IMF Projects Slower Growth for Ethiopian Economy

ADDIS ABABA – The International Monetary Fund (IMF) said it expects Ethiopia’s economic growth to slow in 2022 due to the impacts of internal conflict and pandemic.

The Fund has issued its Regional Economic Outlook for Sub-Saharan Africa on Thursday.

In the report, the multilateral group sees the Ethiopian economy expanding 3.8% this year, down from 6.3% last year.

The report attributes the slowdown mainly to military conflict in the first half of the fiscal year, the lingering effects of the pandemic amid low vaccination rates, and the spillovers from the war in Ukraine.

High food and commodity prices and elevated debt risks also cloud IMF’s outlook.

“The country is highly dependent on wheat imports from Russia and Ukraine, adding pressure on food prices,” says the IMF.

Looking beyond 2022, the report says Ethiopia’s medium-term growth prospects are better.

The country’s economy is also forecasted to expand by 5.7% in 2023.

However, it says “uncertainty is very high because of internal conflict and global geopolitical tensions”.

– Africa’s recovery Disrupted –

The recovery in sub-Saharan Africa picked up in the third quarter of 2021 and held up despite the onset of a fourth COVID-19 wave at the end of the year.

Estimated growth in 2021 has been revised upward from 3.7 to 4.5%.

“This year, however, the progress has been jeopardized by the Russian invasion of Ukraine which has triggered a global economic shock that is hitting the region at a time when countries’ policy space to respond to it is minimal to nonexistent,” IMF says.

Surging oil and food prices in particular are straining the external and fiscal balances of commodity-importing countries and have increased food security concerns in the region.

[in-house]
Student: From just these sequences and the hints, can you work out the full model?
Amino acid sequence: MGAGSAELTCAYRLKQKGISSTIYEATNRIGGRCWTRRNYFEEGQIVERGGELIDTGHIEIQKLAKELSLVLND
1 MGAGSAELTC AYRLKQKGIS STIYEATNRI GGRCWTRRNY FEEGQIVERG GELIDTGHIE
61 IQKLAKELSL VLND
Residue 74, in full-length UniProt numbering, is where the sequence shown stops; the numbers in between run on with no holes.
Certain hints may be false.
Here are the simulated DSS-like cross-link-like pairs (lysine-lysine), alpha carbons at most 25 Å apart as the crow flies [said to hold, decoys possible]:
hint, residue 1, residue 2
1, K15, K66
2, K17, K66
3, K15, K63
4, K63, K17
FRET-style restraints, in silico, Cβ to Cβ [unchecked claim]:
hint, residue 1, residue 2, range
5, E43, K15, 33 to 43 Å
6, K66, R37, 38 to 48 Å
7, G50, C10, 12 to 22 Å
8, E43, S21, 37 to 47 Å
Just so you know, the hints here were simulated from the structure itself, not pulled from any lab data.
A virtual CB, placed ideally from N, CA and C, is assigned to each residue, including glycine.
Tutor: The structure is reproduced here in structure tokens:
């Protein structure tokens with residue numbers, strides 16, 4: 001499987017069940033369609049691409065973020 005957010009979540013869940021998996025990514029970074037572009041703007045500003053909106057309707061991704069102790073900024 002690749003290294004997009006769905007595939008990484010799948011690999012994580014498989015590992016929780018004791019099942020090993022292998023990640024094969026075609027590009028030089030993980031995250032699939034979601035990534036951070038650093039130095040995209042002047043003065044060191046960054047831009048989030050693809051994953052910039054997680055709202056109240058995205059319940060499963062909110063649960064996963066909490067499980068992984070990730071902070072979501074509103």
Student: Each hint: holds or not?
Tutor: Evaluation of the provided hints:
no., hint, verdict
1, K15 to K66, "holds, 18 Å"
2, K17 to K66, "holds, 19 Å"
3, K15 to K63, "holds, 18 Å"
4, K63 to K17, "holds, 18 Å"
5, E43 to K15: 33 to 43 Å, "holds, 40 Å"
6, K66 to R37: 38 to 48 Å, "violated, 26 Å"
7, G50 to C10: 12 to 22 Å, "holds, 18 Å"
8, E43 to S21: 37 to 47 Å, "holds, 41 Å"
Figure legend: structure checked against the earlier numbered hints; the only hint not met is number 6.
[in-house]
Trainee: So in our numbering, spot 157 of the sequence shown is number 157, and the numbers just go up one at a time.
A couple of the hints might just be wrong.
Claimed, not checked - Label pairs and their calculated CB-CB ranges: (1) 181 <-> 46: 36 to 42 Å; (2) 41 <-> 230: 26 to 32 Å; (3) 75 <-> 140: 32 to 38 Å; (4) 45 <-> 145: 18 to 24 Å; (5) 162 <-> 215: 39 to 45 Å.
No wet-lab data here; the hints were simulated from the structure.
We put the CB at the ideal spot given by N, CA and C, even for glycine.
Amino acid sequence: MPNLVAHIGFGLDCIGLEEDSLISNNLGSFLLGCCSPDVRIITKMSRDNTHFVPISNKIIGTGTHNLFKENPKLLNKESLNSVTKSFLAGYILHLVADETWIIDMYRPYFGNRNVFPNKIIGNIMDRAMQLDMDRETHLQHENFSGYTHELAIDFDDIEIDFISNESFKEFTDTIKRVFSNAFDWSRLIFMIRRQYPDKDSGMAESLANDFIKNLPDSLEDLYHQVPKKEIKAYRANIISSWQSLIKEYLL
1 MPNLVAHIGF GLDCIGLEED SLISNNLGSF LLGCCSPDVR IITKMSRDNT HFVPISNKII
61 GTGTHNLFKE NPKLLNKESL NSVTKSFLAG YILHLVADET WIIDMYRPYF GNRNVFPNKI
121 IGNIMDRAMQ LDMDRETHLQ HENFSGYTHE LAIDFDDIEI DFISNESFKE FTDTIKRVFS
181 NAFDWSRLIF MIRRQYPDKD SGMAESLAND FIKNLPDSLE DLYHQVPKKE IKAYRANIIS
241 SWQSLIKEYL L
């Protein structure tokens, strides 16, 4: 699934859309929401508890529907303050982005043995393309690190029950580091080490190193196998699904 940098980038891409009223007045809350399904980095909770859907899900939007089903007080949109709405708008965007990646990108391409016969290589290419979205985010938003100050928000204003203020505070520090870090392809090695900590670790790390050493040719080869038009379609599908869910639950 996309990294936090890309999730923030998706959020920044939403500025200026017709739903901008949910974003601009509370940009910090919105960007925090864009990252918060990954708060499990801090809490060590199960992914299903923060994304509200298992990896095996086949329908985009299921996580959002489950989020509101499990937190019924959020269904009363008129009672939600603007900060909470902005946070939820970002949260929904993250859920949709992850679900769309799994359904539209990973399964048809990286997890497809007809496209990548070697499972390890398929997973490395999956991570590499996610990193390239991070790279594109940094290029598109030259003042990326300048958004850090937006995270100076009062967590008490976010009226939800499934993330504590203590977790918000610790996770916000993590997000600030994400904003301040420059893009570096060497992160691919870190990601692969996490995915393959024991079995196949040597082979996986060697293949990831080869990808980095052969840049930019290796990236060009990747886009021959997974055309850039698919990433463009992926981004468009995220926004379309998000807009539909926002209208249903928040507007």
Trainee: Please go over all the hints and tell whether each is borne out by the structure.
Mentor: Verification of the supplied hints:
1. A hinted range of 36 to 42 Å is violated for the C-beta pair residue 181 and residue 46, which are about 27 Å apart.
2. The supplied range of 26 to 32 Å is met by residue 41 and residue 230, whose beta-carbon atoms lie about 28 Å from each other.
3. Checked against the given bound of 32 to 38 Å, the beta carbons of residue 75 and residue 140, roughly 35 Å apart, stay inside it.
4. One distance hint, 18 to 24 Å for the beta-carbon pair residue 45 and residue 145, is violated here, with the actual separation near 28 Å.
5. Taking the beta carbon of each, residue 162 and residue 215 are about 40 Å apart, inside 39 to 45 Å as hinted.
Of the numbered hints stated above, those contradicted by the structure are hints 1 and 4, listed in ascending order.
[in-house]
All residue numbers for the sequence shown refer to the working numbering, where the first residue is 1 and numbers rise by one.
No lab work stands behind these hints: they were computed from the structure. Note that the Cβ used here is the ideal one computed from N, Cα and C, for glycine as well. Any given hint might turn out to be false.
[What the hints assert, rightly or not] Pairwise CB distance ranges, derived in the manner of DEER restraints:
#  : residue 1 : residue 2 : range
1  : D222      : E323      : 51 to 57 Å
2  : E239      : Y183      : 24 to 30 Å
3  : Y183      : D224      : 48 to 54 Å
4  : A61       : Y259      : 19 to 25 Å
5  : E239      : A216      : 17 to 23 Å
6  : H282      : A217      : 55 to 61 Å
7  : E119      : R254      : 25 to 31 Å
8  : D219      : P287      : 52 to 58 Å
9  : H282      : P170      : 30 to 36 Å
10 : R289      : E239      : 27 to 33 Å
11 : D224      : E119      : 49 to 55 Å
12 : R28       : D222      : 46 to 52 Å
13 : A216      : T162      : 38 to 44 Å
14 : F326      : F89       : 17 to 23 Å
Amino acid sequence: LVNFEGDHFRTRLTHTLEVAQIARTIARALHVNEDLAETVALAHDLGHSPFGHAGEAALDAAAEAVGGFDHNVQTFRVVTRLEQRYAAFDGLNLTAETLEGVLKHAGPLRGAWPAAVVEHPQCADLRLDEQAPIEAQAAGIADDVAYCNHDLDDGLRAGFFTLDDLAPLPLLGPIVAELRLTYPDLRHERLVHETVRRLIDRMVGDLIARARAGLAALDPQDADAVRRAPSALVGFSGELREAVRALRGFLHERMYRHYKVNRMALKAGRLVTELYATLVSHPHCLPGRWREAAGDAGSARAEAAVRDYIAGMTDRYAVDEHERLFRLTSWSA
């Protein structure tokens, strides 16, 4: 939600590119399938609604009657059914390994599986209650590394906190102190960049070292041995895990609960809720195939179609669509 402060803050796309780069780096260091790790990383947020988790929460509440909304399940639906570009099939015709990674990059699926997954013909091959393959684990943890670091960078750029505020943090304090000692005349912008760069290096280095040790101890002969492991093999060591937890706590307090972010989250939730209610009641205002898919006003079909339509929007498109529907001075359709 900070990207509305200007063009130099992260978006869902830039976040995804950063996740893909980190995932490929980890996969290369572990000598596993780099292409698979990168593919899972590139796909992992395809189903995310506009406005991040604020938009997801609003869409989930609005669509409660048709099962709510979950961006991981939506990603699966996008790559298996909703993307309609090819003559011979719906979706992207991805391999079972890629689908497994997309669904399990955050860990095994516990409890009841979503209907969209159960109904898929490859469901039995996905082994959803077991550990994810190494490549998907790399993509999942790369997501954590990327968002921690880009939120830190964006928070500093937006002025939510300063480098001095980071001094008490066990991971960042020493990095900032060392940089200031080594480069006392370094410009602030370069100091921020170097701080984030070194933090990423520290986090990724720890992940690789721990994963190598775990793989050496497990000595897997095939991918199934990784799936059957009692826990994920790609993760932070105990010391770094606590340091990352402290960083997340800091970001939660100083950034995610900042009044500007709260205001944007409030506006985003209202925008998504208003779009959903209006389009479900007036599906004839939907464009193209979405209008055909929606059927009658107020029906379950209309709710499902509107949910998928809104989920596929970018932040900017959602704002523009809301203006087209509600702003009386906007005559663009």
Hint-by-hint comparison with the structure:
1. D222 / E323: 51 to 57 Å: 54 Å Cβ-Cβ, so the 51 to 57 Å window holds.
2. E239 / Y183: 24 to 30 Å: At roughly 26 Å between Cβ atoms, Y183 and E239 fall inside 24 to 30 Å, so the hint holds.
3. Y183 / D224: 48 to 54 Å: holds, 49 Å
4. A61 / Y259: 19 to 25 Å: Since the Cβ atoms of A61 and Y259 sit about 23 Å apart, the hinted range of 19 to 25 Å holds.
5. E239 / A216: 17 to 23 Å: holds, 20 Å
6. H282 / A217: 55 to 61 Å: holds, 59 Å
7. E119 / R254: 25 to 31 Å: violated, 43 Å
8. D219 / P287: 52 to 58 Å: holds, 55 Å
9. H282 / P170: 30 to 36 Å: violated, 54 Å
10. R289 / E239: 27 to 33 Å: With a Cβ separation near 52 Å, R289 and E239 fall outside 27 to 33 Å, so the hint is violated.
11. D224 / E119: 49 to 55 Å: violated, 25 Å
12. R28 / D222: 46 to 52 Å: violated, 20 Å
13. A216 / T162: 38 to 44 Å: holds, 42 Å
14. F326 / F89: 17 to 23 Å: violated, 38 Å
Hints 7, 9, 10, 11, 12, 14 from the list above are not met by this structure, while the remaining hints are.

Moreover, the shock compounds some of the region’s most pressing policy challenges, including the COVID-19 pandemic’s social and economic legacy, climate change, heightened security risks in the Sahel, and the ongoing tightening of monetary policy in the United States.

Because of this, the IMF says the growth momentum for the region has weakened this year with economic activity expected to expand by 3.8%.

The economic recovery is projected to accelerate in 2023 to about 4% over the medium term.

This pace, however, is not enough to make up for lost ground from the pandemic, the report claims.

Beside accelerating the COVID-19 vaccination campaign, the Fund calls for immediate policy priorities including helping the most vulnerable households cope with high food and energy costs without adding to existing debt vulnerabilities, containing inflation pressures, and managing exchange rate adjustments.